In IPF there is global down-regulation of gene expression in alveolar macrophages but not in blood monocytes. Aberrant transcription is a novel molecular mechanism that may contribute to development of a profibrotic alveolar milieu in idiopathic pulmonary fibrosis.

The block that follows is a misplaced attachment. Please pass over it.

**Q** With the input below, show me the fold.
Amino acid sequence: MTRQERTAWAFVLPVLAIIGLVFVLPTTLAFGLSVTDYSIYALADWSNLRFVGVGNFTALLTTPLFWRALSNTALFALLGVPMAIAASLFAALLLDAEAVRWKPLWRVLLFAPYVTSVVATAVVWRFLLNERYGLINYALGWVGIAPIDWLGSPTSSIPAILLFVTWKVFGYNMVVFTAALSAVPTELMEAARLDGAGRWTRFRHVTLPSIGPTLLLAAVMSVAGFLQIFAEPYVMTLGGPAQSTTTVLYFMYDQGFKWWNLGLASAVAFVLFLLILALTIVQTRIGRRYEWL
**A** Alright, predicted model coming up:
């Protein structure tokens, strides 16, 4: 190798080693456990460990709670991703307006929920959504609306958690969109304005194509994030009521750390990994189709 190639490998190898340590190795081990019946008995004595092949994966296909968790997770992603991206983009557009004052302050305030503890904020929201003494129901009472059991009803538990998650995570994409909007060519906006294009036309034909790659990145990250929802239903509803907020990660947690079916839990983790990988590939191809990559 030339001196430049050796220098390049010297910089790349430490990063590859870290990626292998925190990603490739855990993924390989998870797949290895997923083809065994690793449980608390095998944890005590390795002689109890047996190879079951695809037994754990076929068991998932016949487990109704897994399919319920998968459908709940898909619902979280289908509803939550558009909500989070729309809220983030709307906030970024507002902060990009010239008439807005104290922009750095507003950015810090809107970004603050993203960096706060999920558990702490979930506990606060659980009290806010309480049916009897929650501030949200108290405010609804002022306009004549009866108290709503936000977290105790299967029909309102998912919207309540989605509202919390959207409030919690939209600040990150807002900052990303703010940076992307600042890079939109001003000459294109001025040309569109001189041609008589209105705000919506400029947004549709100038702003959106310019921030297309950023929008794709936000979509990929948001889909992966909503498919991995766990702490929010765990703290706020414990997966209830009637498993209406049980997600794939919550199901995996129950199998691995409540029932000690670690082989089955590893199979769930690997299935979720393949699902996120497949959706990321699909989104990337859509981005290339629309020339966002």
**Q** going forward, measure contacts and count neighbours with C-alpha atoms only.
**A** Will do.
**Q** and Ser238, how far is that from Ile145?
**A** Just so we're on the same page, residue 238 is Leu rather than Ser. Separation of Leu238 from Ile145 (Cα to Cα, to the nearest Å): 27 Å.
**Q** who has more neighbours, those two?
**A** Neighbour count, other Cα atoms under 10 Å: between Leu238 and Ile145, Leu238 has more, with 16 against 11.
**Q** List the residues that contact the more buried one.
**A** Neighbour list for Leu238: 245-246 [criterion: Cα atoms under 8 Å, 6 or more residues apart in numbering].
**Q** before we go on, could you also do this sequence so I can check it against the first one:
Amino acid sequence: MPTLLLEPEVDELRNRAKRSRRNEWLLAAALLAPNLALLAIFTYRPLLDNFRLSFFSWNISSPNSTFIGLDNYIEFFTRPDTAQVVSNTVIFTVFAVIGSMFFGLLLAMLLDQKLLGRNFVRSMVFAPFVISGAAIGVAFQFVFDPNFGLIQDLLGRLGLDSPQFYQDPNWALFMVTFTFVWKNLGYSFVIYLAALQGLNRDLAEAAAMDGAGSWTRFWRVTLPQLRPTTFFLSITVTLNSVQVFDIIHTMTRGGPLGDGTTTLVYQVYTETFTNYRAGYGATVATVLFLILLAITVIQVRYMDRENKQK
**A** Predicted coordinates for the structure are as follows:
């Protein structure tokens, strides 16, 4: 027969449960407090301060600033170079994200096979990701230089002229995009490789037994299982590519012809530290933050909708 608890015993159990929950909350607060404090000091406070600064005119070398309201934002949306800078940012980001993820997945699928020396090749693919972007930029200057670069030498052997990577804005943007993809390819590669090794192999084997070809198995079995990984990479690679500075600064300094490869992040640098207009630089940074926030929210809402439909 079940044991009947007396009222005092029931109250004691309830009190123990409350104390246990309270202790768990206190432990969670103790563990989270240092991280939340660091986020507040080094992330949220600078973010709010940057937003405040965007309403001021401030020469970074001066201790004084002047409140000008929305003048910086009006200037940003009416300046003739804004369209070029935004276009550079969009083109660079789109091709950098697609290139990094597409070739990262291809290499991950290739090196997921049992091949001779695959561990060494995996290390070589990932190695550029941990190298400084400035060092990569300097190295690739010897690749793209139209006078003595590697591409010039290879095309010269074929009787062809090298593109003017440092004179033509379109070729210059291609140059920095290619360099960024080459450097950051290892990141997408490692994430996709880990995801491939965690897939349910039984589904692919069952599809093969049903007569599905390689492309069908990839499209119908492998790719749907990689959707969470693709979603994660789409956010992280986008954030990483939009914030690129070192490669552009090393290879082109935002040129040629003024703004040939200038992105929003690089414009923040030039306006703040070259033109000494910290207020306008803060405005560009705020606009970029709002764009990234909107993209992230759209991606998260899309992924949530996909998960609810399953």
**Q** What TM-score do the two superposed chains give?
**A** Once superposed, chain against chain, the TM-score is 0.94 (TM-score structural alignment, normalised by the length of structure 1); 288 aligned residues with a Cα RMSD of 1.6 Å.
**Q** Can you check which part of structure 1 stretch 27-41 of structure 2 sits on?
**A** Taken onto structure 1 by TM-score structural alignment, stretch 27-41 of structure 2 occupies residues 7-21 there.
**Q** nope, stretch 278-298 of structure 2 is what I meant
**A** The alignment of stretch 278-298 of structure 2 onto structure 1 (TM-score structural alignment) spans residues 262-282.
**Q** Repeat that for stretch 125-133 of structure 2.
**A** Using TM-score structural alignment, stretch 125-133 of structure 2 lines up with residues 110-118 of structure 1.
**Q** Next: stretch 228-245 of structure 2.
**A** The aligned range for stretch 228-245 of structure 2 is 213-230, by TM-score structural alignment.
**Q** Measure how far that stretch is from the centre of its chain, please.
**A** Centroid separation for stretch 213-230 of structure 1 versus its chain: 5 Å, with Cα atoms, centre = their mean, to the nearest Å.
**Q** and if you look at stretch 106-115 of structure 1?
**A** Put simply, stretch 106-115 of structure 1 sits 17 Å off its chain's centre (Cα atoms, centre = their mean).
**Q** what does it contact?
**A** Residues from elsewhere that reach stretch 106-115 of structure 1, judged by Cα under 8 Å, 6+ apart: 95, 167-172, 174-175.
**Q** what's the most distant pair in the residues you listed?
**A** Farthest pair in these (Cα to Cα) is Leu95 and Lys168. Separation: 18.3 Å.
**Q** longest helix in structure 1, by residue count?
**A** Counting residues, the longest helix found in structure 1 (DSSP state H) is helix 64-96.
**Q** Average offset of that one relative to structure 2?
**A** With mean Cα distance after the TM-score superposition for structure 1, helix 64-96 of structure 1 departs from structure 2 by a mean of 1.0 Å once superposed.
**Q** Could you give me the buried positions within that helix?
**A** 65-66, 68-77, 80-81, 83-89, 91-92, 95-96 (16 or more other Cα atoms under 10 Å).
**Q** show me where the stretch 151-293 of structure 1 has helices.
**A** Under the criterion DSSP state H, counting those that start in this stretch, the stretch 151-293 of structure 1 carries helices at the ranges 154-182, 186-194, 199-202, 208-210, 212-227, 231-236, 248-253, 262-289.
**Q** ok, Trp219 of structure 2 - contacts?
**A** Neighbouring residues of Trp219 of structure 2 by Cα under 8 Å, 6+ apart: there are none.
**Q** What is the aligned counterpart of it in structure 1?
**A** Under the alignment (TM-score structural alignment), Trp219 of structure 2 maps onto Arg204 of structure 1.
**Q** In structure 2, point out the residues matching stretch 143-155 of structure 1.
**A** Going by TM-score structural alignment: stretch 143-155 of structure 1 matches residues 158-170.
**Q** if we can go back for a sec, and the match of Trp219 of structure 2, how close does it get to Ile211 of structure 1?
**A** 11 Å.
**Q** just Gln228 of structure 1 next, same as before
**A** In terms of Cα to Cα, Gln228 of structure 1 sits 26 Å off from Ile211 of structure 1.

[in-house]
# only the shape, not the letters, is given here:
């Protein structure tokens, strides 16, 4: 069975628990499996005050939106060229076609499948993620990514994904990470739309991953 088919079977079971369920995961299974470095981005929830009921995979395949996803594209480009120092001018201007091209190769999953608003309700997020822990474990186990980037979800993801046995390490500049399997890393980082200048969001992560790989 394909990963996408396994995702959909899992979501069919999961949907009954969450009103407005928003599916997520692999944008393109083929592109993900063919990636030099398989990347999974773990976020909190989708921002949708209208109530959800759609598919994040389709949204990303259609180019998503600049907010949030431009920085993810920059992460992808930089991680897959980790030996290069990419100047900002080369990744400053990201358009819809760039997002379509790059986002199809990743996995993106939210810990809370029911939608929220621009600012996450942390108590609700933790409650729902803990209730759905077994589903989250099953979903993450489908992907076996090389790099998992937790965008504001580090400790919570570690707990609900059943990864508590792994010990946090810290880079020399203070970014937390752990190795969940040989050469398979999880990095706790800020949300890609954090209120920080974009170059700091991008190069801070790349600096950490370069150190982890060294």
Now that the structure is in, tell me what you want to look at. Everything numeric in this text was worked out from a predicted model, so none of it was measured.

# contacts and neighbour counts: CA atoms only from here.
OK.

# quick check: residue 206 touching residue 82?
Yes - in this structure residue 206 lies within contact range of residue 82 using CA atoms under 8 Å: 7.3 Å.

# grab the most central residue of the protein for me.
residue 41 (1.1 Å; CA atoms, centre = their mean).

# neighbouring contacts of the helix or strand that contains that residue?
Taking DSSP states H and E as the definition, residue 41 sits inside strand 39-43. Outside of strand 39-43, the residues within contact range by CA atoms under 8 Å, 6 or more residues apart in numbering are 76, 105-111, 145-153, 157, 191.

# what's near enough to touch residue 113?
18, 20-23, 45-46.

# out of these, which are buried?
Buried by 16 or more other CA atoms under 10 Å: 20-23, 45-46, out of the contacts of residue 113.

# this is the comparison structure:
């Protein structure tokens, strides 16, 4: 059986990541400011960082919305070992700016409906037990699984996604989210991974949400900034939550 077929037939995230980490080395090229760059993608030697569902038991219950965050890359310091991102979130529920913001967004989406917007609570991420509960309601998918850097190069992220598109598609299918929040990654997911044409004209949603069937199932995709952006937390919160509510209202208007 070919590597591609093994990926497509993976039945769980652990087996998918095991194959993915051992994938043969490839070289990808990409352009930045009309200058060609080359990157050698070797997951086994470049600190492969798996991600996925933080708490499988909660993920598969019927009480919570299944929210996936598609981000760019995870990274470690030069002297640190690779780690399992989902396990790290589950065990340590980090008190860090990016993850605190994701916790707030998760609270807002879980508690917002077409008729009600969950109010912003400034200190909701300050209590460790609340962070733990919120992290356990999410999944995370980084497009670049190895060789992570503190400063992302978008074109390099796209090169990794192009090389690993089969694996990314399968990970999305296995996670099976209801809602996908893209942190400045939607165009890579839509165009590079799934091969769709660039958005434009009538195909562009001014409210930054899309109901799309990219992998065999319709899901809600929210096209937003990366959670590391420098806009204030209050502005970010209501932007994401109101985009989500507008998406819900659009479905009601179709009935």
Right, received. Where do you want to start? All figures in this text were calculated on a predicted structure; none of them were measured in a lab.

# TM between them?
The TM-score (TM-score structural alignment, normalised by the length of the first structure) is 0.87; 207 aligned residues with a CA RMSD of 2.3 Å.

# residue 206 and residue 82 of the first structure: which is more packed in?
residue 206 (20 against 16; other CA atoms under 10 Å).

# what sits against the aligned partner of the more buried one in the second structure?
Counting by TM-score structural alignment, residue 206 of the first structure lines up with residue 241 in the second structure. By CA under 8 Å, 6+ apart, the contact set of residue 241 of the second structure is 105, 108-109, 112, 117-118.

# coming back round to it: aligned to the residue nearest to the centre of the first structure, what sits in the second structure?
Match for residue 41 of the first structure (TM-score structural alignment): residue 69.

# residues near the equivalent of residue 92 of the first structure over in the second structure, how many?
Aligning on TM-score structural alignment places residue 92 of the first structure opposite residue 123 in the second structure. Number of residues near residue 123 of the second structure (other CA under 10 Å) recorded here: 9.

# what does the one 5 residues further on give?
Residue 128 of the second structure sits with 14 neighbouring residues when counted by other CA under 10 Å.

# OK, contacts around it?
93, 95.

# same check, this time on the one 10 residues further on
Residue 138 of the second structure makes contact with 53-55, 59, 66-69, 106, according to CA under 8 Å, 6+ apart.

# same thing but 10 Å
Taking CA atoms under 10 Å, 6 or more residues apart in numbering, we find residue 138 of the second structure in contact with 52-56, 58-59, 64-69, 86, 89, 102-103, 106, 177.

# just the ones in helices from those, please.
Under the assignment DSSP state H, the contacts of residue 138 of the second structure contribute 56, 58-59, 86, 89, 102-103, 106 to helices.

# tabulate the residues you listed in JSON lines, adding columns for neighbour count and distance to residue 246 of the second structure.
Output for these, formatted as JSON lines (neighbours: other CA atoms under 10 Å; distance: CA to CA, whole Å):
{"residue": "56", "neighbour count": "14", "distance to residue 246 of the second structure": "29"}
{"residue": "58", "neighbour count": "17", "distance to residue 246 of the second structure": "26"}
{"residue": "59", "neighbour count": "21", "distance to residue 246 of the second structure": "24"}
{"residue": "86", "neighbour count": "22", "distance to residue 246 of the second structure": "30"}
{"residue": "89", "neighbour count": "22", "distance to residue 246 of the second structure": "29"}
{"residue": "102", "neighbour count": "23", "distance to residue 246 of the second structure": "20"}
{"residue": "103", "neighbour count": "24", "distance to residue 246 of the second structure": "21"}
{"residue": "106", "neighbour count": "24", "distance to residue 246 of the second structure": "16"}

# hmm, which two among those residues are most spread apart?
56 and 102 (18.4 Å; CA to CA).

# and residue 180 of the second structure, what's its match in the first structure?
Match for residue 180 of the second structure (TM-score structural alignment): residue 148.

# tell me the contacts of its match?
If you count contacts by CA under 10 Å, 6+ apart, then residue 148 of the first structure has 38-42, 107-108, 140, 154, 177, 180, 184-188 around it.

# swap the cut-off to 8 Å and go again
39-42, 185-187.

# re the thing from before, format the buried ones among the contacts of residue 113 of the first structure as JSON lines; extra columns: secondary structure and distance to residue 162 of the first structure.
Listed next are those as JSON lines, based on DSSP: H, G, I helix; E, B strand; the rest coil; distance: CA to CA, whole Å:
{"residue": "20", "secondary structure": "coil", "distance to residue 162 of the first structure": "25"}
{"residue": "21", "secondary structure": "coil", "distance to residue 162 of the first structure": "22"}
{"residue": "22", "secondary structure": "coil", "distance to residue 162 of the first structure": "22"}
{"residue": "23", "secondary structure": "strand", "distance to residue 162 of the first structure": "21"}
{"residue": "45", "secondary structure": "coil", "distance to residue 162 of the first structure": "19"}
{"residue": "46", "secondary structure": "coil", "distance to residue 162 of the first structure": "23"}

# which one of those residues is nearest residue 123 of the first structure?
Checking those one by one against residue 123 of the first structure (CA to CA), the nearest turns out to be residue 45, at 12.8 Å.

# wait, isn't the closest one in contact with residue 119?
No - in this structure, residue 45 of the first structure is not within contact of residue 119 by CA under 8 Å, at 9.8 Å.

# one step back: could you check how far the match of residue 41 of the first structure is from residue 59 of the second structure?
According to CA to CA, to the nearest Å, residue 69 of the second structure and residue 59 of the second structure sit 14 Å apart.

Idiopathic pulmonary fibrosis (IPF) is a chronic, progressive, often fatal interstitial lung disease of unknown etiology. It is hypothesized that alveolar injury, perhaps as a result of inflammation, and dysregulated repair mechanisms are involved in the pathogenesis of pulmonary fibrosis. Histopathologic features of IPF include abnormal alveolar interstitial accumulations of inflammatory cells, mesenchymal cells, and extracellular matrix proteins. Patients with IPF are usually of middle age or older and present with chronic shortness of breath with exertion and nonproductive cough. Conventional treatment for IPF with glucocorticoids and immunosuppressive drugs is generally ineffective, and the prognosis of patients with IPF is poor. Despite therapy, patients often die of progressive lung fibrosis. Median survival is approximately 2 years from the date of diagnosis. Elucidating the molecular mechanisms underlying fibrotic lung disease may identify novel therapeutic targets and lead to improvement in the clinical outcome.